There is now less than 100 days to go before the next UK election. It looks like many folk are bored already by the same sorry group of middle managers trotting out the same tedious tales. Basically you can sum up the two main party’s pitch as we’ll do the same as the other lot only better. The third party, Lib Dems, are lost in a wilderness of indecision. The Greens seem to be lost in a fog of confusion over policies and the grinning gargoyle, Farage, is rubbing his hands with glee.
In Scotland however there does seem to be a lingering referendum effect. People are not as disengaged as before and they have a better understanding of the issues at stake. Much of the polling in Scotland is markedly different from the rest of the UK and could have a disproportionate impact on the makeup of the next UK Parliament. It also looks like the “minority” parties could wield a huge amount of influence well beyond their electoral achievement.
In the 2010 election less than two thirds of those who voted put their crosses next to the candidates from the two biggest parties. In the end the coalition represents 59.1% of those who voted so this is at least progress from previous administrations, indeed the last time the government had an absolute majority of those who voted was way back in 1935. So you could say the coalition is something of an advance.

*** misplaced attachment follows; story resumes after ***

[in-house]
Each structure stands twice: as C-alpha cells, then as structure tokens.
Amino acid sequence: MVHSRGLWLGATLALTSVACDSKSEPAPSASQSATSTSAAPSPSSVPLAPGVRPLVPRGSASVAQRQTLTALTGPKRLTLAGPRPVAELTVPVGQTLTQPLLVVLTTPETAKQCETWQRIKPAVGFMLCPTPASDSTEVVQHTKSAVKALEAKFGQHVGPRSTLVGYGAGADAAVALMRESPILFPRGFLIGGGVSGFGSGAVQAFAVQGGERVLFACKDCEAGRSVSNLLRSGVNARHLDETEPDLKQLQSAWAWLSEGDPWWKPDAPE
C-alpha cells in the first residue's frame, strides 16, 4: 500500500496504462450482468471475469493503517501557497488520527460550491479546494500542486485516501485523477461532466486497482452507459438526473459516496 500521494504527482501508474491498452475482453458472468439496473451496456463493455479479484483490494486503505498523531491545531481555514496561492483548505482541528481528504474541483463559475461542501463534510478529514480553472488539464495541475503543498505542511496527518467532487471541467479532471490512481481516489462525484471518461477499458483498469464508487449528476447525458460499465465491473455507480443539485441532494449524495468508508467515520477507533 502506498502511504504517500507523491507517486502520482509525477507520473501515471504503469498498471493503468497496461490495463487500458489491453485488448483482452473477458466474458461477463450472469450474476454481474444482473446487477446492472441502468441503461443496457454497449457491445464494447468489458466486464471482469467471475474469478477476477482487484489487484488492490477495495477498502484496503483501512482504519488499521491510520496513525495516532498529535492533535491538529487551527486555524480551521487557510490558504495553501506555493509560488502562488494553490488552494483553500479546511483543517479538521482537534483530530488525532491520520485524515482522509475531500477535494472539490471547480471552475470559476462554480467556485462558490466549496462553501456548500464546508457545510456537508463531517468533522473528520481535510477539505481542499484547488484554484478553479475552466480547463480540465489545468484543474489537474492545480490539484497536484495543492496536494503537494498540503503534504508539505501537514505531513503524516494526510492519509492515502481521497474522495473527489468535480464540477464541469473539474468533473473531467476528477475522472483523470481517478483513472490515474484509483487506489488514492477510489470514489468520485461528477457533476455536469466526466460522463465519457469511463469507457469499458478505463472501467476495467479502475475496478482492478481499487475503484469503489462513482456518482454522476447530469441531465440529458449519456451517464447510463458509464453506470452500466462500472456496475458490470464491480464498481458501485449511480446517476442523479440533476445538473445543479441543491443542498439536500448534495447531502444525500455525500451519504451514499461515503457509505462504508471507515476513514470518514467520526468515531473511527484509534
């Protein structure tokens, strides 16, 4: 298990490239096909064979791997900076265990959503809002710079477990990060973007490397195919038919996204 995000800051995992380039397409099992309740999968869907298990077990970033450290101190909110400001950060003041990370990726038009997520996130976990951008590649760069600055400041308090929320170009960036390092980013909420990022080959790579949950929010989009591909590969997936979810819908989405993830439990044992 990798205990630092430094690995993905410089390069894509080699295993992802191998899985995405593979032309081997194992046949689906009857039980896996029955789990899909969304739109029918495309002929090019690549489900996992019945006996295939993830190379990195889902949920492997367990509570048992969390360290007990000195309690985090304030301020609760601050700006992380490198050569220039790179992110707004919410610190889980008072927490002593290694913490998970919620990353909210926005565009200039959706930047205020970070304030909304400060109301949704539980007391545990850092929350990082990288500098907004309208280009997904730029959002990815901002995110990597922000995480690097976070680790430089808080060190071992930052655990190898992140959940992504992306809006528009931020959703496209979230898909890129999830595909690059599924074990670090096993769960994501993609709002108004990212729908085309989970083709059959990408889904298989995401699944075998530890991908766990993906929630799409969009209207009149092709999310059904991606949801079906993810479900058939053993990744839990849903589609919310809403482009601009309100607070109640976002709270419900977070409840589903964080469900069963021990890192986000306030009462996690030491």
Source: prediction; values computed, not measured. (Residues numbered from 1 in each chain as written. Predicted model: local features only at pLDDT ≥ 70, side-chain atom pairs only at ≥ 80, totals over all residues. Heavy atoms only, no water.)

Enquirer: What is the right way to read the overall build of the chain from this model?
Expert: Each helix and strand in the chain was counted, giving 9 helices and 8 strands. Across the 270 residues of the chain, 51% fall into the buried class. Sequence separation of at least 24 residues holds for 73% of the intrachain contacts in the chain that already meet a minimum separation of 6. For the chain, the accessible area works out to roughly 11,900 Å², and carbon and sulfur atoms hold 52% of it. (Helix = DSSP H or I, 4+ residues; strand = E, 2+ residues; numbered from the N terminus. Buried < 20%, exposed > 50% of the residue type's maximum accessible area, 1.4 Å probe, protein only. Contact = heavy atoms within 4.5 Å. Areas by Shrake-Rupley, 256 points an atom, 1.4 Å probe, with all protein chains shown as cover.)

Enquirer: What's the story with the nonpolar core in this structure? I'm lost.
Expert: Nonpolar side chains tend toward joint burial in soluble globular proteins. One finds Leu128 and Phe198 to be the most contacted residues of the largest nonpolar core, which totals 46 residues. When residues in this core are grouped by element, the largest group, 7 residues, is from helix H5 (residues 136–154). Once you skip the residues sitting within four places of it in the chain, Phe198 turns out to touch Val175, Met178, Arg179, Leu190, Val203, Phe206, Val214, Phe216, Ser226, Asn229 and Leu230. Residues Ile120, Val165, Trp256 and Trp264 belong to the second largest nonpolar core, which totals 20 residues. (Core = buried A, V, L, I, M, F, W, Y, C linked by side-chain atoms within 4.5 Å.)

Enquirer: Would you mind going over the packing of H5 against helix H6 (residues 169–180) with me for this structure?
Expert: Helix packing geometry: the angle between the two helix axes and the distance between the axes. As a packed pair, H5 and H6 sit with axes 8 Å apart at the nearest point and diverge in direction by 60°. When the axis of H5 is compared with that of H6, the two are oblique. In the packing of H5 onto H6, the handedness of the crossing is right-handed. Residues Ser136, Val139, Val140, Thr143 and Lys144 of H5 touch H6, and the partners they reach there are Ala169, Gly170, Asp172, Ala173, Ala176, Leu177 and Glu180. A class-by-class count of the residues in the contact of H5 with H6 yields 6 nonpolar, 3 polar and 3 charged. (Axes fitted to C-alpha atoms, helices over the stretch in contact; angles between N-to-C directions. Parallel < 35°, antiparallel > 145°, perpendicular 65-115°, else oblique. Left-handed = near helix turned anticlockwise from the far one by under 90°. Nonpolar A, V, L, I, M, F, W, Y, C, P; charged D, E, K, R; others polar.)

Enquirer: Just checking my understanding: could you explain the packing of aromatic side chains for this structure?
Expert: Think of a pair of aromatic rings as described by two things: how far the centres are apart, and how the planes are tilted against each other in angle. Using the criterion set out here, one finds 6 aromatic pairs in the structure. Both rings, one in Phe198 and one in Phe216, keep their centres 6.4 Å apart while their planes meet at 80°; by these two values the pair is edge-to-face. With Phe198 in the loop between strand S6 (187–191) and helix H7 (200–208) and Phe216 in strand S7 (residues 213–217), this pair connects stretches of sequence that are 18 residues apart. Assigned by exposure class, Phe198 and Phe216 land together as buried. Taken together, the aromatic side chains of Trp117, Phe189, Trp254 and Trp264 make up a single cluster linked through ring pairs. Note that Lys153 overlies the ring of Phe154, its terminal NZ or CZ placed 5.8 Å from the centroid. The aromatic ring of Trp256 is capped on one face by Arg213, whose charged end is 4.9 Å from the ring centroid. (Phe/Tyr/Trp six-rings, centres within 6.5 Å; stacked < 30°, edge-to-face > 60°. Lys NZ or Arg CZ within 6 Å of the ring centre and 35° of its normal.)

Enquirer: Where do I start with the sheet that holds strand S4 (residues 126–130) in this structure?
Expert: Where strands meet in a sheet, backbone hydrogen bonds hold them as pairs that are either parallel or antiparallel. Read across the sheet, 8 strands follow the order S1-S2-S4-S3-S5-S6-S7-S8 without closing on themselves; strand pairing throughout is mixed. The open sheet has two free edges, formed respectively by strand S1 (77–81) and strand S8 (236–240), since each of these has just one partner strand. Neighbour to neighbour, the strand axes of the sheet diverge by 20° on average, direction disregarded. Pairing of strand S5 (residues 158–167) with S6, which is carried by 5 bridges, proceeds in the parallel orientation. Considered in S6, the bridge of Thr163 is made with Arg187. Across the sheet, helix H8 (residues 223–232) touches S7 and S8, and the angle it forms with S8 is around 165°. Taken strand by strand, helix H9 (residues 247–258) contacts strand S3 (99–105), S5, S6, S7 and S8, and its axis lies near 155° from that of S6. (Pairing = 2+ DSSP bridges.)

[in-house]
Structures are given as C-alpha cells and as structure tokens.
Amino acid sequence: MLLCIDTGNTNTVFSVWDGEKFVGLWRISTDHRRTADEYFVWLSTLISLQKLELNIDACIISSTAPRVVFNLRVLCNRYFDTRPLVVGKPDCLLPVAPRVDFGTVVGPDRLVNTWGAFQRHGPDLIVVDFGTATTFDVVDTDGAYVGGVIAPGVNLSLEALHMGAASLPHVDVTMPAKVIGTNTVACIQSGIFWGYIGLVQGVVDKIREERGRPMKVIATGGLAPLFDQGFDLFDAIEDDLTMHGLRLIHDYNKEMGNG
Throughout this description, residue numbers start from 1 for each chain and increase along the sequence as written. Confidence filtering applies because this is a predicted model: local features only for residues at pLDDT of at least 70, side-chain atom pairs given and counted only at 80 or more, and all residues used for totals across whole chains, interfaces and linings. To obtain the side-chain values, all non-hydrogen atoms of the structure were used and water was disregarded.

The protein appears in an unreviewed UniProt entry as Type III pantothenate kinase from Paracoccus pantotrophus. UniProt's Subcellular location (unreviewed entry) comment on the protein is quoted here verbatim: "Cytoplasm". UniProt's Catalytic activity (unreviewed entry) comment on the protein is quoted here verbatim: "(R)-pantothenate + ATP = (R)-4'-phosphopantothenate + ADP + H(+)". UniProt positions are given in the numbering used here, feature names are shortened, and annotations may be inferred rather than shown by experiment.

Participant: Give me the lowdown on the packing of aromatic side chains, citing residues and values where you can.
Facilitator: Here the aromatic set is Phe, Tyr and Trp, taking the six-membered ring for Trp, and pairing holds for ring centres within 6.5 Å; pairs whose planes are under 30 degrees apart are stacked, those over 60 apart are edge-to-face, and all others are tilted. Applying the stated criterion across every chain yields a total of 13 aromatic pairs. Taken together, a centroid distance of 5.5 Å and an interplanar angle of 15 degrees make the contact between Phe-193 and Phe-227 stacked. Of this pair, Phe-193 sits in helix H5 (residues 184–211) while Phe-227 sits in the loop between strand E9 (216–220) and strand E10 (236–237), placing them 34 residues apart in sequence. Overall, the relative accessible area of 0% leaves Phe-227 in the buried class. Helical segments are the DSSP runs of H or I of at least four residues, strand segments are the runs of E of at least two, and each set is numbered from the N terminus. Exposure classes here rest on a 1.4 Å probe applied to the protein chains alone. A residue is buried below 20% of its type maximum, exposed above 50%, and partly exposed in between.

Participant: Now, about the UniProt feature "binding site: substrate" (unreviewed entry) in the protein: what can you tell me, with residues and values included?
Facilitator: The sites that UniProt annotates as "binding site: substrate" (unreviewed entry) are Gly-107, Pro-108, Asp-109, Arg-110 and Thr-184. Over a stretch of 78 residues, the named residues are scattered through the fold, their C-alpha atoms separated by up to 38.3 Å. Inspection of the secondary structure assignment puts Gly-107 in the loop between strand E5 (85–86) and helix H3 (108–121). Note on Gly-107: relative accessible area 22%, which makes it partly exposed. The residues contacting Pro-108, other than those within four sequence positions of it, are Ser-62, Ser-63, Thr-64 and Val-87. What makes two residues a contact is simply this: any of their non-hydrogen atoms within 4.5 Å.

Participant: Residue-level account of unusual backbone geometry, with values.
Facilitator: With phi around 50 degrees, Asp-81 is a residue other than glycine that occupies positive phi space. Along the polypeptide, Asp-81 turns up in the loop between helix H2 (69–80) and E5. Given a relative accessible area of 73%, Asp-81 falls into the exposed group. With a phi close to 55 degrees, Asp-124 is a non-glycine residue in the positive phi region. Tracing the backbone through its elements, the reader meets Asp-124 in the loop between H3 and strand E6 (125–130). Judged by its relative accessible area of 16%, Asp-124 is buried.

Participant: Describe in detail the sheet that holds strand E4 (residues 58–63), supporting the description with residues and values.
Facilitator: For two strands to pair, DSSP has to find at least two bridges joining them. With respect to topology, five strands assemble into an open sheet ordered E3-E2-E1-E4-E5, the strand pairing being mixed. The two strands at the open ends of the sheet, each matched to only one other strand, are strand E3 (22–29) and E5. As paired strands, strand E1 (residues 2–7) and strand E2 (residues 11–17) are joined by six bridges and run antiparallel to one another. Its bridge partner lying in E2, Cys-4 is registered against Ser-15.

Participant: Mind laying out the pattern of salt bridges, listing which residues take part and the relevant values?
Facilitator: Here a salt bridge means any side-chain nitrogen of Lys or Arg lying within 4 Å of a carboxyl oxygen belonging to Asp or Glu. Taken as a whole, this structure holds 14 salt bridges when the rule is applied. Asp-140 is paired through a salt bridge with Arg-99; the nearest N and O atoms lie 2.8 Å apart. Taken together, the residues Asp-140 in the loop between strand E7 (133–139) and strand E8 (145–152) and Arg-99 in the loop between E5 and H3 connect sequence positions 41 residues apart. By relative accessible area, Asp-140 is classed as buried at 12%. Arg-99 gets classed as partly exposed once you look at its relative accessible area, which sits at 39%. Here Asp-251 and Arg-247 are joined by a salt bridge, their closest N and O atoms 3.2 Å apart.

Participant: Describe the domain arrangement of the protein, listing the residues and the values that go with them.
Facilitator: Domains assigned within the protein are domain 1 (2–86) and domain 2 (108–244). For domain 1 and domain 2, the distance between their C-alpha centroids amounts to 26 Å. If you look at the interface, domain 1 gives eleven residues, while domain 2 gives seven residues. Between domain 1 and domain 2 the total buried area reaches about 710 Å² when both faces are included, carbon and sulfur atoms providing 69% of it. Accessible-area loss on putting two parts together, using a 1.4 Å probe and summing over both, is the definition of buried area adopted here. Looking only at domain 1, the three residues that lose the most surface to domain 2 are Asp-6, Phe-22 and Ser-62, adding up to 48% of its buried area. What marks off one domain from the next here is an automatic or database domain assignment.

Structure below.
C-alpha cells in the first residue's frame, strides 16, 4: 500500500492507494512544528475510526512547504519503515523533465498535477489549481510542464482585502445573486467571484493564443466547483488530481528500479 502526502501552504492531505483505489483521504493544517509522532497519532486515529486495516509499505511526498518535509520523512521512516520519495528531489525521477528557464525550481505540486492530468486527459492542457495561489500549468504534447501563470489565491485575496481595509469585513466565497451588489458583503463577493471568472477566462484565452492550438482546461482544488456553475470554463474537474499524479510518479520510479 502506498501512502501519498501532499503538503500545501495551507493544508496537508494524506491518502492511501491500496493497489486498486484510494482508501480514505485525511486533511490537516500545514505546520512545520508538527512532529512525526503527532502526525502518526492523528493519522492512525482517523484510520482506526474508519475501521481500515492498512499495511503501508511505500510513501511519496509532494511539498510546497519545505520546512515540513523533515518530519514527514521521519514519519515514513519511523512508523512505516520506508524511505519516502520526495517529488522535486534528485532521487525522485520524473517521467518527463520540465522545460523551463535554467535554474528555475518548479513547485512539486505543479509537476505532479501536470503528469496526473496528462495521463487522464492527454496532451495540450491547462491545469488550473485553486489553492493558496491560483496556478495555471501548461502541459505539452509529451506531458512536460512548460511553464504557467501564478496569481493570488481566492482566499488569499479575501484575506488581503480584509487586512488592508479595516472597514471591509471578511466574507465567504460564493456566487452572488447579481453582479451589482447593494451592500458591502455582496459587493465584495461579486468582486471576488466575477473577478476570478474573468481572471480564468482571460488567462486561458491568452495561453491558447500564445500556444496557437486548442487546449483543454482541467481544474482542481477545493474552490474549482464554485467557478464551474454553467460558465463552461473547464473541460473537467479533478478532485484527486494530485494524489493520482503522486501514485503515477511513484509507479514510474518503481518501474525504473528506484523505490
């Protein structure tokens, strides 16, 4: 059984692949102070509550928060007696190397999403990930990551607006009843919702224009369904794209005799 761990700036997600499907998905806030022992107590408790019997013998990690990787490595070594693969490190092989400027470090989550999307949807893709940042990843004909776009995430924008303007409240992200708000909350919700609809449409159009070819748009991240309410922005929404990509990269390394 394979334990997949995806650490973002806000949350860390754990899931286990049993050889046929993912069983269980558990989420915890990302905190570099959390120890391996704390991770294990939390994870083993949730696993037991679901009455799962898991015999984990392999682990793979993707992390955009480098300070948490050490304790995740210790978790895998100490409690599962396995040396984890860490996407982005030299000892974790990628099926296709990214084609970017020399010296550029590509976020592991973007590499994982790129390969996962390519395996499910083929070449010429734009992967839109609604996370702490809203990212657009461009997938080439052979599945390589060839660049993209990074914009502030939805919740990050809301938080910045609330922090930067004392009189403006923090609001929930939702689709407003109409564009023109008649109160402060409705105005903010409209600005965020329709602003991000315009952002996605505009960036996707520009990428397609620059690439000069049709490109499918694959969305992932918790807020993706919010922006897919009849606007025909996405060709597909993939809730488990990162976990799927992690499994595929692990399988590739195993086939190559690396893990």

However given the polling in Scotland, the SNP could end up as king makers, exactly where the Lib Dems were in 2010. Those who voted yes in the referendum are more than double the numbers that voted for the SNP in 2010. This is an enormous swing away from Labour and if this was carried forward to the election the SNP could send more than 25 MPs to Westminster with less than 10% of the UK vote. Indeed there is one polling organisation which is suggesting that the SNP could send more than 40 MPs to Westminster. This would put Labour under severe pressure and markedly reduce their chances of forming the next government.
Add in the impact of UKIP, the Green Party and the parties from Northern Ireland and Wales and it is clear that the next election is the most open for a generation.
So the complaint of the disenchanted that their vote makes no difference should not be used as an excuse for not putting a cross on the ballot paper. Whatever your political predilection get out and vote in May otherwise don’t complain when you get a government that you do not agree with.